I have talked in some of the recent blogs about when decision-making may transfer to another person from an individual whose own faculties may be failing. Such is the case with powers of attorney as well as guardianships. There also are decisions which need to be facilitated by a caregiver, but we need to know the difference between deciding for the older loved one or individual with special needs versus facilitating their own good decision.
In my role as a GCM I had a conversation with one of my clients recently about her car. She is an 84-year old woman who has been living on her own since her husband died about six years ago. Her husband had surrendered driving responsibilities to her some several years before his demise, and it was his initiative and his choice.
Recently, she asked me what I thought about her giving up driving. The fact that she brought it up suggested to me that there may have been a precipitating event for her question. She admitted that increasingly she had experienced vision difficulties driving at night, so she was limiting her driving to daytime.
On further probing she admitted, however, that she recently had lost control of her car and skidded off a road near the independent living facility she called home. It had frightened her. Her facility manager at the residence had suggested she consider selling her car and rely instead on their complimentary shuttle service to get about town for shopping and such. Simply put, she did not want to give up her independence. If you were the caregiver to such an individual what would you do?
The one thing you ought not do is immediately decide for the older individual under normal circumstances. You can, however, talk about the frightening moments the older individual may have had. In my case here, I used that experience as an opportunity to discuss what might have happened if her accident had involved another vehicle or worse, a pedestrian. I said “normal circumstances.” If the individual is mentally or physiccally compromised to such an extent that it interferes with safe driving, you have a moral and legal obligation to deny them access to a vehicle. Check with your own state department of motor vehicles for the actual wording on the books in your locale.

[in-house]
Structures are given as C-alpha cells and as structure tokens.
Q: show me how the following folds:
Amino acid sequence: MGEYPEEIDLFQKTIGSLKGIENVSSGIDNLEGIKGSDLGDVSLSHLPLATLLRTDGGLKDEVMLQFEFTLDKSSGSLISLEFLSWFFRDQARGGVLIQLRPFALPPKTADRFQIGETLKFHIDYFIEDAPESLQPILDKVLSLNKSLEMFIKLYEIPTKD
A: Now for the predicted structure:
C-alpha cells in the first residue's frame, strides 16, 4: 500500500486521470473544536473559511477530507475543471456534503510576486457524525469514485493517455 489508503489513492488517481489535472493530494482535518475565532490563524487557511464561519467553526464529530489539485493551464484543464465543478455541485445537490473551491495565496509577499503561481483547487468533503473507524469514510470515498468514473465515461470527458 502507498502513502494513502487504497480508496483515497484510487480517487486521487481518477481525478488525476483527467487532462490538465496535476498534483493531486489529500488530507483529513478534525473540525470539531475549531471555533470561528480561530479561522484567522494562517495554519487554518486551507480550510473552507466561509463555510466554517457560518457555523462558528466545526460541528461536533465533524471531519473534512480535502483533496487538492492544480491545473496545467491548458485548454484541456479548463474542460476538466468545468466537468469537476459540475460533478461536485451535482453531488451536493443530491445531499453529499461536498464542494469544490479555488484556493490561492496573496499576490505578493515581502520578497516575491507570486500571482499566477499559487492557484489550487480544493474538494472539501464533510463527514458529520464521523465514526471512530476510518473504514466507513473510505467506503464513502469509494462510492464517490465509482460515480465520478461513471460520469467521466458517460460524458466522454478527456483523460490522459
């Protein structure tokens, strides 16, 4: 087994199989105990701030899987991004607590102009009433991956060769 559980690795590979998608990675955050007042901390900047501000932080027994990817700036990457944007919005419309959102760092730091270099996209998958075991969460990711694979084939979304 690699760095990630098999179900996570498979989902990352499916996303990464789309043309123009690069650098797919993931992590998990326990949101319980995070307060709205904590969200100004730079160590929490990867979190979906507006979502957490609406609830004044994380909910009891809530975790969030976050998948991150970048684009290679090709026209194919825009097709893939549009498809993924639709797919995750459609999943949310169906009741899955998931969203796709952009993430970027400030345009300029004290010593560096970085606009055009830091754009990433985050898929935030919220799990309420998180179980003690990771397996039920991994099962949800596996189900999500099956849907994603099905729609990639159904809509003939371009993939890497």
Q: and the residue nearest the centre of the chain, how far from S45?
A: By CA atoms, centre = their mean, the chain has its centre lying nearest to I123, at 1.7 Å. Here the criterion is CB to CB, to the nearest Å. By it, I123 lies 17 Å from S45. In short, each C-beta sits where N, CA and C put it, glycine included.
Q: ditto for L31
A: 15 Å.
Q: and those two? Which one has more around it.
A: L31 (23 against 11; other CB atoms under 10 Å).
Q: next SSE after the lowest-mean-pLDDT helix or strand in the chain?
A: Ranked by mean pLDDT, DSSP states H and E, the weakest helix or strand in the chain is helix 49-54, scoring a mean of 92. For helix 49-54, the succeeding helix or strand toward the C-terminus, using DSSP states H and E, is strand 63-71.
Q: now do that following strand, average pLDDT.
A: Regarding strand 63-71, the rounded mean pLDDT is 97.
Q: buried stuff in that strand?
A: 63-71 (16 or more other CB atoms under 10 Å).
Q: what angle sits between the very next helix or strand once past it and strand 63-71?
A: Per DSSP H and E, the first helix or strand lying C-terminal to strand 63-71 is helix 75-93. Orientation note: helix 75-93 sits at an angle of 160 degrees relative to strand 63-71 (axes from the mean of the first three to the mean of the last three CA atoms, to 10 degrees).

On the positive side, it was also an opportunity to discuss how using the facility shuttle could be liberating. She would now have the benefit of transportation without the increasingly challenging responsibility of driving. In the end, I also encouraged her to talk with her adult children to discuss their opinions and what they could do to help. Although both her children lived at some distance from her home, they were in a position to assist in selling her car. That proved to be the last string for her to cut in order to part with her car and to move forward with “her own chauffer” as she came to call the shuttle.
In my next blog, I will talk about another big decision-point many older adults face – whether to move into a facility for elders and others with special needs. I also have spoken with elderlaw attorney Eric Parker, whom you may remember from an earlier blog on advance directives. He has some great advice on how to select a nursing facility.
Charlotte Bishop is a Geriatric Care Manager and founder of Creative Case Management, certified professionals who are geriatric advocates, resources, counselors and friends to older adults and their families throughout metropolitan Chicago. Please email your questions to Charlotte Bishop.